| || |
| Home > Movie Reviews |
by : Behindwoods review board
Arjun, Haripriya, Vincent Asokan.
an Arjun starrer is like walking into
a restaurant and ordering a ‘limited
meals’; you know what is coming
your way, the only question being whether,
on the day, it has been well made. It
is with similar questions that one enters
theaters to watch Vallakottai. The director
and the lead actor have declared quite
openly that their intention has been to
make a regular entertainer that will satisfy
all Arjun fans.
Vallakottai – a remake of the 2007 Malayalam
superhit Mayavi starring Mammootty – tells the
story of a small time criminal with a heart of gold.
Starting off inside a prison, the movie shows Arjun
being chosen as the lucky prisoner to be released
on a special occasion. But, he takes a responsibility
upon himself; that of treating one the inmate’s
(Prem) younger brother who is currently hospitalized.
For that, he needs to make a large sum of money. Knowing
nothing else but petty con acts he gets ready to own
up responsibility for a serious offence in exchange
for a big amount of money. This takes him to a seaside
village where he is supposed to camp until the crime
is executed. But, the longer he stays in the village,
the more he comes to know about the people who have
hired him and the people on the other end of the offence.
Does he change his mind and the sides that he takes?
Where does the mission end and does he finally make
the money needed to treat the boy?
The basic premise of Vallakottai is something that
has been often seen in Tamil cinema and also in all
other south Indian languages. Two warring families;
one full of good guys, the other are a band of baddies
with the latter baying for the blood of the former.
It is into their midst that Arjun lands. Though hired
as just a ‘dummy’ to surrender to the
police at the right time; he is astute enough to see
right from wrong. This is the portion where Vallakottai
has a chance to make itself different. Roughing up
the local thug who has long lost all the awe that
he commanded helps matters; so does the portion where
Arjun decides to go ‘under cover’ and
protect a couple of ladies from the constant troubles
being given by the bad guys. But, overall the proceedings
fail to hold the interest of the viewers consistently.
The reason for this is hard to point out. It is almost
an identical script that had worked wonders three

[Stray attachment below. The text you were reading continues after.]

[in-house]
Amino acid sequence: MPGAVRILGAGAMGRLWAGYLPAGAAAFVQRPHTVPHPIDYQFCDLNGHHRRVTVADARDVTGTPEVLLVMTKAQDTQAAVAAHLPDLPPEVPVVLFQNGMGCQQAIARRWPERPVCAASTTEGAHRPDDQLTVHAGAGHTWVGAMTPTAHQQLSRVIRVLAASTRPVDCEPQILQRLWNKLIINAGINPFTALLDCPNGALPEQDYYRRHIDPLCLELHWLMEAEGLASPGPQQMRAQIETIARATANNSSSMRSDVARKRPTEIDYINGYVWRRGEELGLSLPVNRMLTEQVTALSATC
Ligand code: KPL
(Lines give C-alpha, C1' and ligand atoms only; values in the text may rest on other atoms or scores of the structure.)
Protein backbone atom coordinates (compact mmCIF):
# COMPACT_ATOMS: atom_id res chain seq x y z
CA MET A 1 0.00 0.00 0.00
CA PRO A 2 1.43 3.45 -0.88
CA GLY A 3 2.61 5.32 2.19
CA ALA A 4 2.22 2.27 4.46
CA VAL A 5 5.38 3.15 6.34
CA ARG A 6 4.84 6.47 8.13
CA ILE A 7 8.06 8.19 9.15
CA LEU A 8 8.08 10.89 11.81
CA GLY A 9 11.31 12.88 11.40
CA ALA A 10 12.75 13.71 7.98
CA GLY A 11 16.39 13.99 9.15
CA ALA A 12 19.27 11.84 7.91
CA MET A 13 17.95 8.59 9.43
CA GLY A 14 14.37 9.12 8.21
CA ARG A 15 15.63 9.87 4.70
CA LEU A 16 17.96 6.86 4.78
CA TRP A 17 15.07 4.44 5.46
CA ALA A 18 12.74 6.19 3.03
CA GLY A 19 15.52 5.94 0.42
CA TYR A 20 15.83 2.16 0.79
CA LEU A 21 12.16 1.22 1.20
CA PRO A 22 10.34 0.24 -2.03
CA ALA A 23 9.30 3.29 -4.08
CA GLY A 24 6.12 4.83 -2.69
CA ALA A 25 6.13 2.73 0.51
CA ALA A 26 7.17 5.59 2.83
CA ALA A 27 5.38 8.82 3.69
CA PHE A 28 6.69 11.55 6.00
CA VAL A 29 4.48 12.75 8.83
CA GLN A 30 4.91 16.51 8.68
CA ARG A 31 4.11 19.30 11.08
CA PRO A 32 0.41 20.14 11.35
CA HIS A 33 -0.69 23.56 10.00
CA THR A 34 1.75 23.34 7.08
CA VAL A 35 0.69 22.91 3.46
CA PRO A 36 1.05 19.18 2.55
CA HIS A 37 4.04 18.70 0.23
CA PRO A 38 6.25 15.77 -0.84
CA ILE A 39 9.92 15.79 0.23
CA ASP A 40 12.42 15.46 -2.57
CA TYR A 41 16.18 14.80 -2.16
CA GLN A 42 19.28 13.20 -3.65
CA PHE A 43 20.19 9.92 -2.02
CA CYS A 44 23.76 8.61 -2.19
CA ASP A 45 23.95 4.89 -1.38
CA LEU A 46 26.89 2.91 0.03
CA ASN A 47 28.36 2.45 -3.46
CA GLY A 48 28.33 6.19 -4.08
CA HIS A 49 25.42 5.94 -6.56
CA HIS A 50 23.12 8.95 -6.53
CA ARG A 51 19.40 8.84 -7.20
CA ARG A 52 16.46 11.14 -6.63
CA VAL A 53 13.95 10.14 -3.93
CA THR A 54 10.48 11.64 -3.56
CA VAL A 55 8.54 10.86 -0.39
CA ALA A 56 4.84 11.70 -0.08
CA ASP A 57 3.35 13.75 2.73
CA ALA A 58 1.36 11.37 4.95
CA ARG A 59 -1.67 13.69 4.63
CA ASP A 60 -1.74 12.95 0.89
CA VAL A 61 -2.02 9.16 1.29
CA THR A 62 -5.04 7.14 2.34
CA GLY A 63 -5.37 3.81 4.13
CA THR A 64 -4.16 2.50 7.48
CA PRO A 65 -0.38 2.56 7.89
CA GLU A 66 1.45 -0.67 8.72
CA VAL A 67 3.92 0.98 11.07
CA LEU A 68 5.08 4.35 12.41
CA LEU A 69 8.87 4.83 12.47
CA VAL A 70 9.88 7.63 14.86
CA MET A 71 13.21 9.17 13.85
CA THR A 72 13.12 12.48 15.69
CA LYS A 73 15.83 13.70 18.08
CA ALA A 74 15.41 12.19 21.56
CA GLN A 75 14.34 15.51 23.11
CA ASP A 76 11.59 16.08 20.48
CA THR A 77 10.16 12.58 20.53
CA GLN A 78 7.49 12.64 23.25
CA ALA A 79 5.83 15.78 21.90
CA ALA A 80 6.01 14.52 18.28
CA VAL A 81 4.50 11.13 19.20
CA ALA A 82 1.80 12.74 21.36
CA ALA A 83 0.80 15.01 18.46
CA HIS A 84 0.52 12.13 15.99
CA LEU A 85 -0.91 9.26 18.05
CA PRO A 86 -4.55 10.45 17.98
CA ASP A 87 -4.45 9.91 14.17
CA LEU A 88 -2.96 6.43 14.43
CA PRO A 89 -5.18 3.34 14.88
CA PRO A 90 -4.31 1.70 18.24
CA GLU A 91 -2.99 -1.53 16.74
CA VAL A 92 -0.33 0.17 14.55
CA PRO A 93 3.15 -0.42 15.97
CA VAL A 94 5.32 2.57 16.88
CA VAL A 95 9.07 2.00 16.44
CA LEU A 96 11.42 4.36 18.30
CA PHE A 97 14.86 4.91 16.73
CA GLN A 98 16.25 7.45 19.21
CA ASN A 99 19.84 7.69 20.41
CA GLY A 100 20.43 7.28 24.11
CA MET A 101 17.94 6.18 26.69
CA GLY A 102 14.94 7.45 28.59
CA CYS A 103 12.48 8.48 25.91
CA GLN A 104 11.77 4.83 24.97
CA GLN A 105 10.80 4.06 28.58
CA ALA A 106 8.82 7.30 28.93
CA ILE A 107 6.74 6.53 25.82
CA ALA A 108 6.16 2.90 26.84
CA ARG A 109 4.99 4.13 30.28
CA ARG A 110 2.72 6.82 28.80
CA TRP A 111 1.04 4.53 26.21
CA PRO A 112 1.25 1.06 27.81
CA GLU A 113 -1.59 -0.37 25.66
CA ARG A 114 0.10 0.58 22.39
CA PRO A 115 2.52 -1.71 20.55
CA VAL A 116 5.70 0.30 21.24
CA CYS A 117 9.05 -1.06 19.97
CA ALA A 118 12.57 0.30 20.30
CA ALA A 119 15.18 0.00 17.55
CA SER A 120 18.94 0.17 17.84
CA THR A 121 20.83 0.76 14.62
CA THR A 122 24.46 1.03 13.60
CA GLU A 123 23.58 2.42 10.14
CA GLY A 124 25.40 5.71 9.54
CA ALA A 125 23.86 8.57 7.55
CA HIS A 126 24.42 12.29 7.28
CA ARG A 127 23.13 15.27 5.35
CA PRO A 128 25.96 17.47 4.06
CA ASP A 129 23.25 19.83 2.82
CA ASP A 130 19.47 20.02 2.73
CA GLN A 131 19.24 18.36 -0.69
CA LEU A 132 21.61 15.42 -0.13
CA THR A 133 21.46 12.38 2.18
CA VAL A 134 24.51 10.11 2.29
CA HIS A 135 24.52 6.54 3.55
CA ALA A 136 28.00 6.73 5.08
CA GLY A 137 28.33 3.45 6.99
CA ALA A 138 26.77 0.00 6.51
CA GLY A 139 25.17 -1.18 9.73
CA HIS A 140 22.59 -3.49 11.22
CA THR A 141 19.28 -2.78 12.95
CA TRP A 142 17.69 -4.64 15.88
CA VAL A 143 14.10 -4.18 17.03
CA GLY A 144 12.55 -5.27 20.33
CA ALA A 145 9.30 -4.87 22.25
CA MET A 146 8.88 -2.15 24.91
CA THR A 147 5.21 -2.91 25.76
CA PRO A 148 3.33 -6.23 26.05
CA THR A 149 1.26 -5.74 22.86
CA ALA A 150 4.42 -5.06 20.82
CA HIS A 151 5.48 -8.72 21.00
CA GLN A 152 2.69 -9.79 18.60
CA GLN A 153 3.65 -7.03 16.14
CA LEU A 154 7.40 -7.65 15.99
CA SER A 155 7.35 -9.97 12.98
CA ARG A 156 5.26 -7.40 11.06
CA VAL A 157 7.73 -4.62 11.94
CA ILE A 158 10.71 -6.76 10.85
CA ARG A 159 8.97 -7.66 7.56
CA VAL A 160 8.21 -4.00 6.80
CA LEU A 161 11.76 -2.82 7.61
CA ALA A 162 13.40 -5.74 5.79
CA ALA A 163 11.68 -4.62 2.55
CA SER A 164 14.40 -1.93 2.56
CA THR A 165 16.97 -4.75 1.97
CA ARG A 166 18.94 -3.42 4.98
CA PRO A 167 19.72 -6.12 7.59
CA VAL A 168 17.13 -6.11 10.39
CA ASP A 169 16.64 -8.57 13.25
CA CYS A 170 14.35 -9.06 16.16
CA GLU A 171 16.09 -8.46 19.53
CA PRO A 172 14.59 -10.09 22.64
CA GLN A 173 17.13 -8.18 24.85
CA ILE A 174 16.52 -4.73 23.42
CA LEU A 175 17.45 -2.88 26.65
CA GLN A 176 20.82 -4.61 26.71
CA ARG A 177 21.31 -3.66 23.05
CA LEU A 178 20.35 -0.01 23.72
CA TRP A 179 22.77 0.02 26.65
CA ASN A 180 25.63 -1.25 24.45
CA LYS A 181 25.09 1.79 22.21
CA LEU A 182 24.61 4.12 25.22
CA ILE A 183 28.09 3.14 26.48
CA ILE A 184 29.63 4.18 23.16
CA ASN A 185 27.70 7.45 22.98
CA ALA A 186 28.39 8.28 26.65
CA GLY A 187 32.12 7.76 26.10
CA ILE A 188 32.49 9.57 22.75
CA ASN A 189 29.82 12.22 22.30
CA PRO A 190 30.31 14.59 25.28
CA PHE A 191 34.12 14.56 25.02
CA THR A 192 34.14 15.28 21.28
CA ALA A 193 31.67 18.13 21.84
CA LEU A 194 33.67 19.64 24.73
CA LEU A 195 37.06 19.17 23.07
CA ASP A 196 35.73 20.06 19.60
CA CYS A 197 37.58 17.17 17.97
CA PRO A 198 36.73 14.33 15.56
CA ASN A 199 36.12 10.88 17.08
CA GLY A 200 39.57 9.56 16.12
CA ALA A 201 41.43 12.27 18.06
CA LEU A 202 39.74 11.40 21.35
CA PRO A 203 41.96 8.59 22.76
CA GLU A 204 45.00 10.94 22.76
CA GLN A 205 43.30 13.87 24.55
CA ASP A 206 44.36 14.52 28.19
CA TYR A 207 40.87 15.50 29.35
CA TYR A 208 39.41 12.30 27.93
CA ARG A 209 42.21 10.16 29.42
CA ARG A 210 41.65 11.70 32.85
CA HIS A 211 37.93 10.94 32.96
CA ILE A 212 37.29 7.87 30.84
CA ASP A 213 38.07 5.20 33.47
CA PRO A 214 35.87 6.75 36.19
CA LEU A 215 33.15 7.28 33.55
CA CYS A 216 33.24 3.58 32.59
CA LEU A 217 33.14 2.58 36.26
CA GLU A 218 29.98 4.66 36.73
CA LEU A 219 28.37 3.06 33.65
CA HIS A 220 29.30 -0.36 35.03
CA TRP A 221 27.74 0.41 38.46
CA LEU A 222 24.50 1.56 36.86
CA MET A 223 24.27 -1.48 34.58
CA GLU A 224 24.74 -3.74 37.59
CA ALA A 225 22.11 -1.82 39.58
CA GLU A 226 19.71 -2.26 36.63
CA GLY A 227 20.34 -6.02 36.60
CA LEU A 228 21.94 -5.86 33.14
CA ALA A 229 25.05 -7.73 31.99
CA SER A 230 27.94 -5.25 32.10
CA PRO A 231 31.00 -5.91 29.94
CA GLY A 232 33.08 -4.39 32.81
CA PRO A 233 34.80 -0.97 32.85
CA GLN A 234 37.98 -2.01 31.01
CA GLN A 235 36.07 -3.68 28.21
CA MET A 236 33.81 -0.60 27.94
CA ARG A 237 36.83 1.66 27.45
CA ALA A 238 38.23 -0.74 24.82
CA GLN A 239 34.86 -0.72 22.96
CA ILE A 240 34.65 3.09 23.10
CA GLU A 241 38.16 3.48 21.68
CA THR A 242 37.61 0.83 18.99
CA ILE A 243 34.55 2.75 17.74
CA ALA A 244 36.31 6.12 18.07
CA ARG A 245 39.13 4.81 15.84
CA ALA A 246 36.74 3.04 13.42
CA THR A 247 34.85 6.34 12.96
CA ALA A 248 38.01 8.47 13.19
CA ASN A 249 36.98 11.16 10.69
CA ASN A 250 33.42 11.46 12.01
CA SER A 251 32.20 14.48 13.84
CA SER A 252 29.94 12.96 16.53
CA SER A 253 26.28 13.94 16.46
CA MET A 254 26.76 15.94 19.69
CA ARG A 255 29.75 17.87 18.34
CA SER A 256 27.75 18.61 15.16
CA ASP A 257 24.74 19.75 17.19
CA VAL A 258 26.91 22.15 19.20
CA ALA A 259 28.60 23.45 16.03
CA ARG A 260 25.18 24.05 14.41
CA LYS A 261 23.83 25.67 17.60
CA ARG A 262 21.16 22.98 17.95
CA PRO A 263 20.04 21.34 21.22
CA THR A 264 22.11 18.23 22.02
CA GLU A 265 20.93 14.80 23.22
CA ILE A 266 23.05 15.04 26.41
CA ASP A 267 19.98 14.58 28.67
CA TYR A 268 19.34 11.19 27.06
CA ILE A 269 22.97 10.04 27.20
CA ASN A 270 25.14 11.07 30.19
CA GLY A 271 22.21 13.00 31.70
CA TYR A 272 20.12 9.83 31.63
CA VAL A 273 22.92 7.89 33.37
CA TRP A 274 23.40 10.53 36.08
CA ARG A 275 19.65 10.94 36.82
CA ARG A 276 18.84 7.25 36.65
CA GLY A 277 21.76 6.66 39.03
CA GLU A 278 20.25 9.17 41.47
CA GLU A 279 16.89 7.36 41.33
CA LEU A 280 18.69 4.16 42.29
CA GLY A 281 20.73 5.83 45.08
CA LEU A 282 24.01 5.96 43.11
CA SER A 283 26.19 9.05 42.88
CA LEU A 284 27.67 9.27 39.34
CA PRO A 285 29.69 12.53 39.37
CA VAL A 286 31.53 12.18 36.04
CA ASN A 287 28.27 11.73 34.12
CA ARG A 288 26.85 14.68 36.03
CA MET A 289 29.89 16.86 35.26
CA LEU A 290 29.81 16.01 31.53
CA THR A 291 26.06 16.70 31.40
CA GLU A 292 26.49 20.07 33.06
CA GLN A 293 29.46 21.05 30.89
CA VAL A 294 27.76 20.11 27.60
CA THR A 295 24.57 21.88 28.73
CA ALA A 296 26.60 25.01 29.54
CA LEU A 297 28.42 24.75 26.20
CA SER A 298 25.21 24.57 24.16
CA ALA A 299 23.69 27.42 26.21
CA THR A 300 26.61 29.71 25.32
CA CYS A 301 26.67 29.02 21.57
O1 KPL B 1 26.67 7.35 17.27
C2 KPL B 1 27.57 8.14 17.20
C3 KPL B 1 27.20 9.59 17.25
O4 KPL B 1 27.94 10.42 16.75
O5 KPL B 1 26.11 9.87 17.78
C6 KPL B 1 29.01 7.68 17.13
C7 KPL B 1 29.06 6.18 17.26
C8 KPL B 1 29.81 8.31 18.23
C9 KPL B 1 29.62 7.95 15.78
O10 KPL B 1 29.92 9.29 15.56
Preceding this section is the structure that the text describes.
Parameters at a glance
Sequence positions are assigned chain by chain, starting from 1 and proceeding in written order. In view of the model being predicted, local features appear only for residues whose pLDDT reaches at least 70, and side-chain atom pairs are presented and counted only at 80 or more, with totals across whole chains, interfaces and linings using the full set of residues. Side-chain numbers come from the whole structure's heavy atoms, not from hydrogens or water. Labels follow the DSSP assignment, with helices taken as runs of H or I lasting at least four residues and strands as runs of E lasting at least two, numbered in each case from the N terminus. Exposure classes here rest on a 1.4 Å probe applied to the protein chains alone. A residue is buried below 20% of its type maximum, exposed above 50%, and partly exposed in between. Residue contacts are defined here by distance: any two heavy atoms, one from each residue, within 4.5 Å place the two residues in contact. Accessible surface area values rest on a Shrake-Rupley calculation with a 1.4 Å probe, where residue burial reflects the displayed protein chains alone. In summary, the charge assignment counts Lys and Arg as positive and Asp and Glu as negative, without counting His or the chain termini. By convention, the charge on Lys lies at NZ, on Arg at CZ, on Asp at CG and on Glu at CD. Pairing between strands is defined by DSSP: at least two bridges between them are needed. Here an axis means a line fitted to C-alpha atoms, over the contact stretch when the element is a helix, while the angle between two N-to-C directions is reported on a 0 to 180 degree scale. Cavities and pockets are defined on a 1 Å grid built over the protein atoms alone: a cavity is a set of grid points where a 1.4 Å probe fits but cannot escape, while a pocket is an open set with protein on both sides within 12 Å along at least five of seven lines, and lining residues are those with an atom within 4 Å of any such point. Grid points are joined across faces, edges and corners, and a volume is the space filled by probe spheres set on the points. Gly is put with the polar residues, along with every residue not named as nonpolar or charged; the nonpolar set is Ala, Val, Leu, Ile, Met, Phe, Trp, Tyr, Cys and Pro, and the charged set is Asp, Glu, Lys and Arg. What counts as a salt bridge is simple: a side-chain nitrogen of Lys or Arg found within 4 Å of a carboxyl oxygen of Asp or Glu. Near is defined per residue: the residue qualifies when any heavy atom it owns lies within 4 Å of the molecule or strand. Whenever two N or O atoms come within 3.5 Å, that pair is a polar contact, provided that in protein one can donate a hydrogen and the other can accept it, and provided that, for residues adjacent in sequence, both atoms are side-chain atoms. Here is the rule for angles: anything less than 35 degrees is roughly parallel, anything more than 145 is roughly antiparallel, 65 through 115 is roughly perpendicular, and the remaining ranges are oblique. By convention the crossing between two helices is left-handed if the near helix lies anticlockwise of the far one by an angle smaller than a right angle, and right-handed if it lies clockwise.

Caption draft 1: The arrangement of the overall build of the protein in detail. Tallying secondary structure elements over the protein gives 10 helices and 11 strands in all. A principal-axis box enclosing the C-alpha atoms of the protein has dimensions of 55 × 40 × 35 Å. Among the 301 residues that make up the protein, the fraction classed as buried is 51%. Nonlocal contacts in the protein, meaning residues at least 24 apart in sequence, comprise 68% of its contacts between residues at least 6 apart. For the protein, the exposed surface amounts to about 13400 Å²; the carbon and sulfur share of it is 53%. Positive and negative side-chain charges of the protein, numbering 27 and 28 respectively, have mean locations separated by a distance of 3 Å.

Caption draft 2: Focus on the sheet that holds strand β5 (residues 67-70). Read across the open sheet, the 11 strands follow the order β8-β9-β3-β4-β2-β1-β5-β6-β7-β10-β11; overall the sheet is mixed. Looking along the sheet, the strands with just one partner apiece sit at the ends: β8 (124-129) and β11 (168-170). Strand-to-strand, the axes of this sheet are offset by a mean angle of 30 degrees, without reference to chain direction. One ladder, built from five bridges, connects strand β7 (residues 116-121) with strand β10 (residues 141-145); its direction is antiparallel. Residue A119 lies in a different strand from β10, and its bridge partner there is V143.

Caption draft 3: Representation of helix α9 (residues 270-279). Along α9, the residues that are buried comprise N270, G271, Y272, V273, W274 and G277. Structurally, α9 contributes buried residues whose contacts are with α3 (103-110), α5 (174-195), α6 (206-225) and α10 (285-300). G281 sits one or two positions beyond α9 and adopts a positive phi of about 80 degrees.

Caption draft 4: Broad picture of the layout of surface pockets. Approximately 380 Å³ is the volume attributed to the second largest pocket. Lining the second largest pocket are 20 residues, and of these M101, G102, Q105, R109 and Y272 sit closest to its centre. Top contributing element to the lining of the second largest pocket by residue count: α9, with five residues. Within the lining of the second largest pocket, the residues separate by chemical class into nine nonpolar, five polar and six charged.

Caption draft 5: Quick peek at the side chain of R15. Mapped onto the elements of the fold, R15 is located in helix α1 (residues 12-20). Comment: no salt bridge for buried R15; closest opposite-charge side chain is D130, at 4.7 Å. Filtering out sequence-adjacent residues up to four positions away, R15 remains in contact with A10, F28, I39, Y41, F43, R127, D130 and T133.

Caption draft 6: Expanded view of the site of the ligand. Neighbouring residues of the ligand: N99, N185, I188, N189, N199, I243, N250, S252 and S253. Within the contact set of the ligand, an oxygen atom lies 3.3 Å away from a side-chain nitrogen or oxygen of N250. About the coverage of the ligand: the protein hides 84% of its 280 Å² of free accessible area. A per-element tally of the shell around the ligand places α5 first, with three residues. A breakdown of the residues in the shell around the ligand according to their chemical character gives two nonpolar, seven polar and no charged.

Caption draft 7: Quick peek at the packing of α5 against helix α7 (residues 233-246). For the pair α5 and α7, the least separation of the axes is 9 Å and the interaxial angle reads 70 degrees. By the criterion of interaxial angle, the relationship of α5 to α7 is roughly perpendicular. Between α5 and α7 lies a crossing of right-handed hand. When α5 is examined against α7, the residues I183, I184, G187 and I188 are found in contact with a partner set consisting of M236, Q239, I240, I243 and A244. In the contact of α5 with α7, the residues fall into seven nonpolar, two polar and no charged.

years back in Kerala; but here the zing seems to have
gone amiss. The only difference one can find is the
overall mood of the flick. While the original had
been a very much light hearted fair with comedy forming
the backbone of the success; Vallakottai is a bit
more heavy (only relatively though) which seems to
have misfired. Comedy, taken care of mostly by Ganja
Karuppu and Sathyan, which has been give a place of
prime importance in the script, fails to create any
significant laughs which is a major pitfall. Ganja
Karuppu’s character; that of a local rowdy in
naught but lame, has immense comic possibilities that
have not been translated effectively onto screen.
The romantic track of the film that develops slowly
and surely; not the bolt out of the blue kind of thing;
looks okay but does not do any major service to the
overall picture. The reentry and turnaround of Prem’s
character towards the end and the mistaken identities
game which culminates in the climax do hold the viewer’s
Arjun is his usual taut and tight self in Vallakottai.
He is convincing as the small time criminal who is
ready to take great risks for his friends. But, one
only wishes that he had put in a lot more participation
in the comic sequences which would have livened up
the movie. As we have seen earlier in films like Giri
and Thirumalai, he does have the ability to complement
lead comedians. But, his chemistry with Ganja Karuppu
and Sathyan is not nearly as effective as the one
he has shared with Vadivelu. The action sequences,
a highlight in any Arjun film, don’t seem to
have reached the standards that are generally associated
with Action King standards. Haripriya, the heroine
looks fine on screen, getting a role that is a bit
more than just song and dance. The bad men group led
by Ashish Vidhyarthi do the usual stuff while Ilavarasu
chips in as the ‘devil’s advocate’.
Technically, Vallakkottai holds its ground. There
is not much to rave about and nothing to complain
about either; all departments have functioned efficiently.
The ‘Magadheera Magadheera’ song has got
an engaging rhythm to it.
Vallakottai takes a plot that has already seen huge
success and tries to recreate the same magic. But
perhaps director A Venkathesh (Annachi from Angadi
Theru) should have taken into account varied regional
tastes and the vast difference in styles between the
lead performers (Mammootty and Arjun) and appropriately
tweaked the script. Nevertheless, Vallakottai is not
a total let down; it does have its moments, the portions
of action, the instances of laughter and a central
plot that is not altogether predictable. But, more
care in adaptation to the regional milieu could have
made it much more entertaining.
Verdict: Mass masala – falls short by
a fair bit!
| || |